News / Africa

    DRC Rebels Looting Before Goma Withdrawal

    People displaced by recent fighting in eastern Congo wait to receive aid food in Mugunga IDP camp outside of Goma, November 24, 2012. People displaced by recent fighting in eastern Congo wait to receive aid food in Mugunga IDP camp outside of Goma, November 24, 2012.
    x
    People displaced by recent fighting in eastern Congo wait to receive aid food in Mugunga IDP camp outside of Goma, November 24, 2012.
    People displaced by recent fighting in eastern Congo wait to receive aid food in Mugunga IDP camp outside of Goma, November 24, 2012.
    Gabe Joselow
    Residents of the town of Sake in the eastern Democratic Republic of Congo say M23 rebel soldiers have been looting homes and extorting money from businesses as they prepare to withdraw from the area.  

    On a side street in the town of Sake, out of sight from the M23 soldiers guarding the checkpoint out of town, a group of residents complain about roving gangs of rebels who ransacked the town overnight.

    One resident, who declined to give his name, points to two shattered window panes on his home, which he says the soldiers broke with their rifles as his family was eating dinner.

    “They entered in our house at one in the morning,” he says.  “They took our money, the mattress, a telephone.  They looted everything.  In the morning, we couldn't find them.”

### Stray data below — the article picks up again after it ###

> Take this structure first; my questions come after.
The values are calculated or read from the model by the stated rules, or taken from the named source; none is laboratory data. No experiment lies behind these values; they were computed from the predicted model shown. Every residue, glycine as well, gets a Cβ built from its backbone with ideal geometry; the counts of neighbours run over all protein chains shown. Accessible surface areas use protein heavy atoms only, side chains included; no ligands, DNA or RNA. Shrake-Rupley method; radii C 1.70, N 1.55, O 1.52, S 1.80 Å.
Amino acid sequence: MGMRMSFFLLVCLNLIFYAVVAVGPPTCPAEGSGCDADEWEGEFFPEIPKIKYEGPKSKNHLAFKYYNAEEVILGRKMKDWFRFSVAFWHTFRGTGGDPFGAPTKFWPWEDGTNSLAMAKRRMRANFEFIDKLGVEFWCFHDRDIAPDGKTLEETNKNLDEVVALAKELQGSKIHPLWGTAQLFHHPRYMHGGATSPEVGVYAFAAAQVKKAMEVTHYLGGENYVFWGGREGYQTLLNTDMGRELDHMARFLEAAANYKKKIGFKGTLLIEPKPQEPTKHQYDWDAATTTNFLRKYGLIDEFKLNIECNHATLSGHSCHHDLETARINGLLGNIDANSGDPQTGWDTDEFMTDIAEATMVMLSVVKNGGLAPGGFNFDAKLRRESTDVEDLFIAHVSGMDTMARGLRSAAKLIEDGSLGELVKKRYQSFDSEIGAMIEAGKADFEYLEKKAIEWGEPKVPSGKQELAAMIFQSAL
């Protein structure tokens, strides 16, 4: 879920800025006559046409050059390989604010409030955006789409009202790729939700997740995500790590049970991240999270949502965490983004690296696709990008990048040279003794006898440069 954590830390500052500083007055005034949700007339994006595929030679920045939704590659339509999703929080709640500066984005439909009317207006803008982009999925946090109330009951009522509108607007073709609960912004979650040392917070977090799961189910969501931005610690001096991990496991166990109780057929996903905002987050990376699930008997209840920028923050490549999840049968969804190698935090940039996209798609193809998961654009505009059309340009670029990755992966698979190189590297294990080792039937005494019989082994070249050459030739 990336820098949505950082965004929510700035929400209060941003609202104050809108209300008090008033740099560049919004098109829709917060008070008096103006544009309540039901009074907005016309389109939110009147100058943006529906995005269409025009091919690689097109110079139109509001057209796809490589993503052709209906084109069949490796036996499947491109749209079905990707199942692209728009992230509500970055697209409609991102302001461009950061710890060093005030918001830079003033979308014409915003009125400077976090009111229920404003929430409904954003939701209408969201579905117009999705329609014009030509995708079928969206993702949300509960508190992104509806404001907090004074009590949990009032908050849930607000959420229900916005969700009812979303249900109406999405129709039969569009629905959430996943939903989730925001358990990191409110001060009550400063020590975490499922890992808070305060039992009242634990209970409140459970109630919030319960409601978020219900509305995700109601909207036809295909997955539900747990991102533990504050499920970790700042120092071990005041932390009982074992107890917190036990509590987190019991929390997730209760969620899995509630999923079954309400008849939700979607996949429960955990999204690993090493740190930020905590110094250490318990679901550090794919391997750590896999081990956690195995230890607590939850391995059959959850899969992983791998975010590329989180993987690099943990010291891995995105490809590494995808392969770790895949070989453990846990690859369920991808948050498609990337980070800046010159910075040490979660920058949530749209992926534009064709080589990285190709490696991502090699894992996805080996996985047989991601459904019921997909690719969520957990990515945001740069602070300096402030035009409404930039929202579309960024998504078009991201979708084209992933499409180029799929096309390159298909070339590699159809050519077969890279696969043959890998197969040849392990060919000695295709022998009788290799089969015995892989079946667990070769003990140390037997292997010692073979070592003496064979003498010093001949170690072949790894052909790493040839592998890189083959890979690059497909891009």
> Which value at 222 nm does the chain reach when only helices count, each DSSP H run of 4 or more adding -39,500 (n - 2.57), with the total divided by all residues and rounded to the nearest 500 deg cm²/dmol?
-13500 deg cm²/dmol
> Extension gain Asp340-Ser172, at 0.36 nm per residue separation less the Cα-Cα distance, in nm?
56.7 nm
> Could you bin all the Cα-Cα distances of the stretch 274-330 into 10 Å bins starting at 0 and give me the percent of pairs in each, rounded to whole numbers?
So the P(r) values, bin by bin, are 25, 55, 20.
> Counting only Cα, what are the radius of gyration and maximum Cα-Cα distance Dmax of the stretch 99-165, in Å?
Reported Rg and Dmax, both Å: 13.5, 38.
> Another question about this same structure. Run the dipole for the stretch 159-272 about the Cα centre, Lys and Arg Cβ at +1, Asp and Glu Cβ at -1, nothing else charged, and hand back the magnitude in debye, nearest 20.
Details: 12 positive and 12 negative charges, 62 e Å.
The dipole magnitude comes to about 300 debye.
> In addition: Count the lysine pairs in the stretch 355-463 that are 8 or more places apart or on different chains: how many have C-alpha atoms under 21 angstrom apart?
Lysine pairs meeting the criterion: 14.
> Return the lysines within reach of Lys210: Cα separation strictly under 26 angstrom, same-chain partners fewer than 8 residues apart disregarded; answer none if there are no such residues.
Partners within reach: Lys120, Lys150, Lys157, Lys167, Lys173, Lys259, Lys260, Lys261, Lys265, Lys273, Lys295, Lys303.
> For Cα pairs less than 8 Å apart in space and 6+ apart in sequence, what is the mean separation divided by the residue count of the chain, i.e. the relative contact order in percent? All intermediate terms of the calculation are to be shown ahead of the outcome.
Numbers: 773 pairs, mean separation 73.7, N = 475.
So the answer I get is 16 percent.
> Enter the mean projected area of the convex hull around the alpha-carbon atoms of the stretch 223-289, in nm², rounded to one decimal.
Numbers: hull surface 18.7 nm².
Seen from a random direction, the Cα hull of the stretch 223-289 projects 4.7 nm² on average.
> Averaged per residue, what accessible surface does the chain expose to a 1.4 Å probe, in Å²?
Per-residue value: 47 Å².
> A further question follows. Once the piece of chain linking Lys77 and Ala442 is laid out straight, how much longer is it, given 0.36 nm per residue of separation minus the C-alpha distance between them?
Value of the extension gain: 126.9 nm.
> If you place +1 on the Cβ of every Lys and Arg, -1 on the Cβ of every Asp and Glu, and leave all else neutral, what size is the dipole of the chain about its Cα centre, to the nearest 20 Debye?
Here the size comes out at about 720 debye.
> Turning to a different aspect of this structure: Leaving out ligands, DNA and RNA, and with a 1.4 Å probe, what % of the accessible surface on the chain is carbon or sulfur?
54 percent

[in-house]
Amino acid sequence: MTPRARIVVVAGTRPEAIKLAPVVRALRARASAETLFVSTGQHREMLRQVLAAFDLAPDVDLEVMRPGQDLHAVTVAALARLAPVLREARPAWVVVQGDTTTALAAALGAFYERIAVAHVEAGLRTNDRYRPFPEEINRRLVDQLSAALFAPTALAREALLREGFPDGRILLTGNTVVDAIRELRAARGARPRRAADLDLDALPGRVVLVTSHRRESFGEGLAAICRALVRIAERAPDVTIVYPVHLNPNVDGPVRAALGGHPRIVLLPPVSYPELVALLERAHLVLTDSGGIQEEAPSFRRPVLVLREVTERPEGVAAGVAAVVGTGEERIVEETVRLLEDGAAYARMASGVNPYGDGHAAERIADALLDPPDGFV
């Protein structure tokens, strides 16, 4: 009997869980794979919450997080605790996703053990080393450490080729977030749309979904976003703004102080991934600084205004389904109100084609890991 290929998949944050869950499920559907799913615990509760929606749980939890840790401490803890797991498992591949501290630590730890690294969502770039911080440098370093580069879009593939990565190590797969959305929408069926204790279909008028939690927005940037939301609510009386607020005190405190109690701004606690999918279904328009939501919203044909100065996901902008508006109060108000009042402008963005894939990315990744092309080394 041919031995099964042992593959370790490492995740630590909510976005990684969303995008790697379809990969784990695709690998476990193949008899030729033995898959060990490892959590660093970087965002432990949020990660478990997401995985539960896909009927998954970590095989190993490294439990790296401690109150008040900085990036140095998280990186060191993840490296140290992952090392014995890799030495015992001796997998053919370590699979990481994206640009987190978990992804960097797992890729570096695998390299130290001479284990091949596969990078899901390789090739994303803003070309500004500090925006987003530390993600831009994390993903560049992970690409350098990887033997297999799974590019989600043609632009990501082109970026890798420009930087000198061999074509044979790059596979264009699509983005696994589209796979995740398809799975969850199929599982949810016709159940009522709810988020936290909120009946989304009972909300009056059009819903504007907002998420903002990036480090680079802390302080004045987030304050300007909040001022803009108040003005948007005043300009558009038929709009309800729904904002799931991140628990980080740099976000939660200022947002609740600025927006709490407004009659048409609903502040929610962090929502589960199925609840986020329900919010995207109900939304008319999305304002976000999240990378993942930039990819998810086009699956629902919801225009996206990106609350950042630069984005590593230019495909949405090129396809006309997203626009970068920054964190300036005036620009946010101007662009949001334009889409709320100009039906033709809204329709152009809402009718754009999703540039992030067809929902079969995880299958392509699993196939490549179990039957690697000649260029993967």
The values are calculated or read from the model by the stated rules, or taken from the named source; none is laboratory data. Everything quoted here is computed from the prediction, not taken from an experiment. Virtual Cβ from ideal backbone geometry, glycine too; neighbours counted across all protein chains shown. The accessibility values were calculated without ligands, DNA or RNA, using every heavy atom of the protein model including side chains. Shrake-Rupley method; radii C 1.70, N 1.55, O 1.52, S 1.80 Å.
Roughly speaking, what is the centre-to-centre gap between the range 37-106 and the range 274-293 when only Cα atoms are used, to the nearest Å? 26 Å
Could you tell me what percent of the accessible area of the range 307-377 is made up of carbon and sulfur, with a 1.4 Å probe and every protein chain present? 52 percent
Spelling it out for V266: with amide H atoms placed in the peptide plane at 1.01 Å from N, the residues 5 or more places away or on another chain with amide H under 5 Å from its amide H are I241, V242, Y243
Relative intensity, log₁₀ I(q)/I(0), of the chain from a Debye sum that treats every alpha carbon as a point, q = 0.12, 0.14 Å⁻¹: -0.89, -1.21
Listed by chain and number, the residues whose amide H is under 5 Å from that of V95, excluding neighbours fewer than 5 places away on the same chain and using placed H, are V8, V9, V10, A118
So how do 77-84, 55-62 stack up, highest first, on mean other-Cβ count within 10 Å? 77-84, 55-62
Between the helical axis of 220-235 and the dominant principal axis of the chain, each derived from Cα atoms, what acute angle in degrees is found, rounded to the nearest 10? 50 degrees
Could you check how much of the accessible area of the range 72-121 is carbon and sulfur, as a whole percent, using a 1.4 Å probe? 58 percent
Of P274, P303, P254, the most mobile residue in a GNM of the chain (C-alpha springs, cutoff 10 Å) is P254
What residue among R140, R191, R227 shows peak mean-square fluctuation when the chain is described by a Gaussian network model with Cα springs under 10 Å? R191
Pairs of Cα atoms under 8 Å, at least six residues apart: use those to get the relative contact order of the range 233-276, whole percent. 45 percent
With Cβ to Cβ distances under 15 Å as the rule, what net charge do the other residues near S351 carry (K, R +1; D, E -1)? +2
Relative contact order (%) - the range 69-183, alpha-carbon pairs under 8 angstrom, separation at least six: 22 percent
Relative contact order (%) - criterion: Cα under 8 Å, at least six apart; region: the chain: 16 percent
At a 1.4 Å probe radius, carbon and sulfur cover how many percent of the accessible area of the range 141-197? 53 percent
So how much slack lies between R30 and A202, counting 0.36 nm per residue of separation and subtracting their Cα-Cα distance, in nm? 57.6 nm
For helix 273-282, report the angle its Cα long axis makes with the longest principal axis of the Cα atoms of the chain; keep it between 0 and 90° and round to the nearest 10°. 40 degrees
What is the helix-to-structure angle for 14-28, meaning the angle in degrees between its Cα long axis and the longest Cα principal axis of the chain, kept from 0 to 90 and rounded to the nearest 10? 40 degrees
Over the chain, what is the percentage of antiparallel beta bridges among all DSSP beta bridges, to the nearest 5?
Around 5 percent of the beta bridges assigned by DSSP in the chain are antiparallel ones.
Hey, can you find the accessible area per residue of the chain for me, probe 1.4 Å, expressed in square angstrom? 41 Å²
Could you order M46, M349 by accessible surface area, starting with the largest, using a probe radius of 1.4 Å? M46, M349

At the main intersection in town, truck drivers stand idly by their vehicles.  They say the rebels have demanded they pay $320 to leave town, and they cannot go anywhere until they get the money.

    An outdoor market is nearly deserted as shopkeepers say M23 is extorting money from them as well.  Emmanuel sells soap, candy and a few other small items at one of the few open stalls, but does not think he will make enough to pay the rebels off.

    “Now they come and ask us to pay $50 for the small things we are selling,” he says.  “Where are we going to find this money?  It's better to take all of our items because we do not have this money.”

    The rebels seized control of the town last week after heavy fighting with the Congolese armed forces.

    But now, as part of an agreement reached between the M23 and the Congolese government, the rebels are preparing to pull out of Sake and the nearby city of Goma.

    Rebels were seen moving equipment in and around Goma, though the actual retreat is expected to take place Friday.

    Congolese forces, known as FARDC, are set to take back control of Sake and Goma after the rebel withdraw, which could bring more problems.

    Congolese soldiers also looted Sake on their retreat from the town, and abuses have also been reported in Minova where the army has been consolidating.

    A Sake resident who gave his name as Amani says he will still welcome FARDC's return to the city.

    “Yes, it's better because we have already lived with them.  But (M23), they always come here to intimidate us, they take everything and tell us what to do, they treat us like slaves,” said Amani.